How to Dress Bullies

Last week there was some hubbub about some statements that Mike Jeffries, CEO of Abercrombie & Fitch made a while back. He explained the fact that they only wanted “cool kids” wearing A&F clothes, and that’s why they don’t sell larger sizes.

Admittedly, the company is using a smart marketing strategy, and it’s working for their business. However, the longer-term effects of Jeffries’ attitude and his example to the next generation is a bit disheartening. He’s leading the pack for bullies. Instead of throwing water on the bullying fire, he’s handing each one a can of gasoline. 

Read about Jeffries and the backlash here.

Now I’m not one to jump on the anti-bullying, politically correct bandwagon; I think school culture, of which bullying is a part, can be important for the formative years (if handled correctly by parents), developing morals and character. But I also won’t encourage it.

So when I see a mom like Ally from Murray, Utah, being a parent and teaching her daughter Kaylee about bullying, I do a little happy dance. 

When she found out her daughter was making fun of a classmate’s wardrobe, Ally decided to give Kaylee a taste of her own medicine. So she went to the thrift store and bought Kaylee a few “new” outfits. Watch what happened next here.

I wouldn’t call this cruel and unusual punishment. I call it parenting. And maybe we need  some more parents like Ally so that the Mike Jeffries of the world are kept to an absolute minimum…like, zero. Make that the maximum, too. 

2 thoughts on “How to Dress Bullies

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  1. Initially I thought it would was a good idea as well but now when I really think about it, I don't think one day of putting the clothes on is going to make too much difference. her friends would know it is just part of the punishment. kids can always change clothes at school if she had to wear it more often anyway. It is good to have a walk in someone elses shoes but there is a lot more to the life of the victim then the clothes and why she has to wear them.I think having her attend anti-bullying seminars, doing a research paper on bullying and interviewing victims of bullying I think would have a possible longer term effect. Then at some point she could hopefully give a sincere apology.typically people bully bc they don't feel good about themselves, often a need to put someone else down so they feel better, there is a psychological reason for bullying someone. Often they crave power, control, acceptance with others. There is always a reason why they feel justified in treating people that way. in some cases there is abuse in the home, or siblings bullying one another and getting away with it. I don't know all the answers but I think unless the root of the problem is dealt with, I don't think it will actually stop. It is unfortunate that clothing companies are supporting bullying with there statements. I didn't know that so thanks for sharing that. I think with the celebrities supporting and rallying against bullying publically, anti-bully laws, stricter school policies and leaders who reinforce it a starting point,. None of this was around when I was kid. I have been encouraged to hear more about it in today news. with the tragedies in schools getting nation wide attention I think it is something people realize we can't ignore it no longer.It is great to be talking about it and parents trying to stop it on both sides. It is great you brought it up and get people to think about it and the direction people are going about it.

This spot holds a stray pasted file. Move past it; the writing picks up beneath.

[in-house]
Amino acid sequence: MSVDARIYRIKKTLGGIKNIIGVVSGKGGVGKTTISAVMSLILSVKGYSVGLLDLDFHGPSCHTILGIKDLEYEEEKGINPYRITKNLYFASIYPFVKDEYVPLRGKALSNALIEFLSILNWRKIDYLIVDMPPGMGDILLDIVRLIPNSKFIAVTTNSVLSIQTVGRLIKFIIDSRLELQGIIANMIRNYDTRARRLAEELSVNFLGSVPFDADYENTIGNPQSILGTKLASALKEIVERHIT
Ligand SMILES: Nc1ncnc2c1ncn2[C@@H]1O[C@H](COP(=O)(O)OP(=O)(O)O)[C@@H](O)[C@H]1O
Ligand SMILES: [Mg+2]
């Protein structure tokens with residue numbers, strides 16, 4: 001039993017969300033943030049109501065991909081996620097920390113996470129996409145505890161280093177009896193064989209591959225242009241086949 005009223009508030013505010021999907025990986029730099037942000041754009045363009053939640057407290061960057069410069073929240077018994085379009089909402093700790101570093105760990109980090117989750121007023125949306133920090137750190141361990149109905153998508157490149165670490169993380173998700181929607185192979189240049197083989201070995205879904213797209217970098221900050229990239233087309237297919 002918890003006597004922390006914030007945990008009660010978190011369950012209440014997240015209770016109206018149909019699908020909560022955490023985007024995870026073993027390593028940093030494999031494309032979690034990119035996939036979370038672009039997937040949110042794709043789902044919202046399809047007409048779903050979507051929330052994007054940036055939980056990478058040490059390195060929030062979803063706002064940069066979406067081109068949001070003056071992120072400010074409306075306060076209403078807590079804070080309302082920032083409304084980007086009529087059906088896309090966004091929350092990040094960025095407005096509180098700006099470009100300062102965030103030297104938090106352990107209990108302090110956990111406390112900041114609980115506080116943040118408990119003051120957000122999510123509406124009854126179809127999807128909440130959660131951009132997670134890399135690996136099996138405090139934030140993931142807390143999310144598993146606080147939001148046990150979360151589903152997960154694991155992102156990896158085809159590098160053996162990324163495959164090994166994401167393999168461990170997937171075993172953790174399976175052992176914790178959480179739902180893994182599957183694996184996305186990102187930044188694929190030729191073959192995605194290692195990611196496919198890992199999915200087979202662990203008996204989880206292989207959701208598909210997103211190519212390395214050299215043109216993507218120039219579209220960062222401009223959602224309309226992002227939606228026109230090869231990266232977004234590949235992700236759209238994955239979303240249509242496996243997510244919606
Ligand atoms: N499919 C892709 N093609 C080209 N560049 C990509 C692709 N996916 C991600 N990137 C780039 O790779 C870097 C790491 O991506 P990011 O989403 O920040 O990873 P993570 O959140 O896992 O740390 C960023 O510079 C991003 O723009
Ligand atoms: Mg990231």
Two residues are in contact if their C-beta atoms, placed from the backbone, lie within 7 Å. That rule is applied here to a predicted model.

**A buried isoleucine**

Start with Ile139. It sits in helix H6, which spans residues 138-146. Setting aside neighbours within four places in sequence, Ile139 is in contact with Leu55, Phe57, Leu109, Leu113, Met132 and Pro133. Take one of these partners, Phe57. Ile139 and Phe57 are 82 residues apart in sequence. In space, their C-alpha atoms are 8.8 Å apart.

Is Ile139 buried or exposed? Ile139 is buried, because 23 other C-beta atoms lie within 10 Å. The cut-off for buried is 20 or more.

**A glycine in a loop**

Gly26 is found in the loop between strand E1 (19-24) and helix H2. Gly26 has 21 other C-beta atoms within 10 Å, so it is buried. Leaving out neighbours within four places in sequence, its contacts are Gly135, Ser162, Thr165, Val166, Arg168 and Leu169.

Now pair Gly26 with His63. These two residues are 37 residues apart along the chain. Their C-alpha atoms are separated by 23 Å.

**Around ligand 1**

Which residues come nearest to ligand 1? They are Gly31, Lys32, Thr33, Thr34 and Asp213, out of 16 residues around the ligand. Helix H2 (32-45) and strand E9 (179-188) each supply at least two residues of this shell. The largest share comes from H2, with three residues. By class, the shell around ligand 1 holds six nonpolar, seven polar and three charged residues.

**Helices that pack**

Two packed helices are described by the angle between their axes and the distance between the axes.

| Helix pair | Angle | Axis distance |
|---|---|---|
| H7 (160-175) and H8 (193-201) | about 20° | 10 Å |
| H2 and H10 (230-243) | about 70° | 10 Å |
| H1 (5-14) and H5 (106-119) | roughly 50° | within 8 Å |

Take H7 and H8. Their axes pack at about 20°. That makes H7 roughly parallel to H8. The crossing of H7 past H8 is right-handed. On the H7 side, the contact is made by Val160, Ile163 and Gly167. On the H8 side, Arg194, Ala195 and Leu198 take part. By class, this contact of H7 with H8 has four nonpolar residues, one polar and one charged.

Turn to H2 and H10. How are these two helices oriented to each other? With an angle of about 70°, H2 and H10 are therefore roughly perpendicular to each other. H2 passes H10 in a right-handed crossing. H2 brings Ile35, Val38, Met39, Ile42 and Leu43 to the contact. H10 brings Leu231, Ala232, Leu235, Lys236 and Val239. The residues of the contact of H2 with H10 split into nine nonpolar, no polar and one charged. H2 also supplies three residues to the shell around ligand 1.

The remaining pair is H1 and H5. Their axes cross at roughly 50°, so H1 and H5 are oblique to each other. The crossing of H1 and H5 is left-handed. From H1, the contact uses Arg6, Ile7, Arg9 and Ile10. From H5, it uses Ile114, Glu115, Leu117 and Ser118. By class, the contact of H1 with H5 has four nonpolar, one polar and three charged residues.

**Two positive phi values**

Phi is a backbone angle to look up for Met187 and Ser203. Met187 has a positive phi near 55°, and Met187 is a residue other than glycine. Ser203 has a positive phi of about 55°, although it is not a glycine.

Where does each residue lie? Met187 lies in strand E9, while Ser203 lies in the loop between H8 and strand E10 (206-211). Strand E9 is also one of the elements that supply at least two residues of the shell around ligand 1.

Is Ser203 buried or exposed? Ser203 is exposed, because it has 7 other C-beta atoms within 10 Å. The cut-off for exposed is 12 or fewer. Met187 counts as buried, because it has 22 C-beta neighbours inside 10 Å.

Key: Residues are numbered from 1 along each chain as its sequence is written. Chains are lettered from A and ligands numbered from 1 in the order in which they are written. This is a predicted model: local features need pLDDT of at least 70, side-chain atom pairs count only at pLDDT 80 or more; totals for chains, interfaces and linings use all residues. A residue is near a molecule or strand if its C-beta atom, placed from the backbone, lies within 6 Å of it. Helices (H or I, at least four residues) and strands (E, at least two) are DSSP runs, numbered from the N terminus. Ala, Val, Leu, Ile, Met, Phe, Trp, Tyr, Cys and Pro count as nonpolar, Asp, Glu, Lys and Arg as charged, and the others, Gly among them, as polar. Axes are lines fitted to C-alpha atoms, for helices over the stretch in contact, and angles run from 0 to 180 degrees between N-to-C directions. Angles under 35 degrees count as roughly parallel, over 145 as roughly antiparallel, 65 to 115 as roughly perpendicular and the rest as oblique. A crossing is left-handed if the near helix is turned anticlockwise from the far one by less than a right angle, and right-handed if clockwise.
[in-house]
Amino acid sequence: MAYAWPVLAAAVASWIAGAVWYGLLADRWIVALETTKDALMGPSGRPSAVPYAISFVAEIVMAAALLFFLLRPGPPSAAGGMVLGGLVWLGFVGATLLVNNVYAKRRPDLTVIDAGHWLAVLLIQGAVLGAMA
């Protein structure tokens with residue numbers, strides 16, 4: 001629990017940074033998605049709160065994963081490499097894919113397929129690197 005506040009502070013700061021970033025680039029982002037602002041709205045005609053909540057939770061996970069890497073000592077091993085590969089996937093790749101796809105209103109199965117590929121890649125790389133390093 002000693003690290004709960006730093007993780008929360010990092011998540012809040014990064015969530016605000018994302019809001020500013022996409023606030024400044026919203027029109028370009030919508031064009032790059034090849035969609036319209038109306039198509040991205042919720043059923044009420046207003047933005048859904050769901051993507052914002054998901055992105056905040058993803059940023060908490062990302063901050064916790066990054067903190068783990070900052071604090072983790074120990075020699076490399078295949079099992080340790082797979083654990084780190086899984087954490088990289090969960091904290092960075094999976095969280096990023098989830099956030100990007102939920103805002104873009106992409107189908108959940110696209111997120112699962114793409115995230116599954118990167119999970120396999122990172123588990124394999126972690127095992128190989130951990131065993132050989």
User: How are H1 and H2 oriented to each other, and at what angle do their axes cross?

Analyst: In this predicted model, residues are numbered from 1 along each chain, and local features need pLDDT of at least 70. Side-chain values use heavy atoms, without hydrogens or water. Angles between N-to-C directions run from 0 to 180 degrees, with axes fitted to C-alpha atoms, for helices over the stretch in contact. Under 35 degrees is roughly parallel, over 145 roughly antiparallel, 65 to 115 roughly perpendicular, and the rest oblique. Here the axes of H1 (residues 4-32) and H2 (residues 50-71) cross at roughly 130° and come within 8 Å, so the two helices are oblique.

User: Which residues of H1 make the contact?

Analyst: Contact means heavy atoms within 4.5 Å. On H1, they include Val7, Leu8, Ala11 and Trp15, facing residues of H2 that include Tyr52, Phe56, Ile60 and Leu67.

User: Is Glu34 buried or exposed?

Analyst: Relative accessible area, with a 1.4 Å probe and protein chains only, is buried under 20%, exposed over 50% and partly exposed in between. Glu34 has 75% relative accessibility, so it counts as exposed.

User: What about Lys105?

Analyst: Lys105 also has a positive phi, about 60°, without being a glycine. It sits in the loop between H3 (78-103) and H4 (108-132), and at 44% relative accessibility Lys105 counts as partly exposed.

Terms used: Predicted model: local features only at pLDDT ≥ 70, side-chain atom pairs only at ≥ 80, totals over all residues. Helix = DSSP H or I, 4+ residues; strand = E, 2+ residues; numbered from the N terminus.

2. In the long run, A&F will have the short end of the stick. According to Susan Cain, in "Quiet", they are probably leaving out the introverts (who, as a rule, have thinner skin and warmer temperatures). It's the extroverts who are truly "cool". So A&F caters to the extroverts. But today's introverts will be tomorrows parents of extroverts, forbidding their kids from buying clothes at the store that discriminated against them. It's bad business to exclude half of your potential customers.

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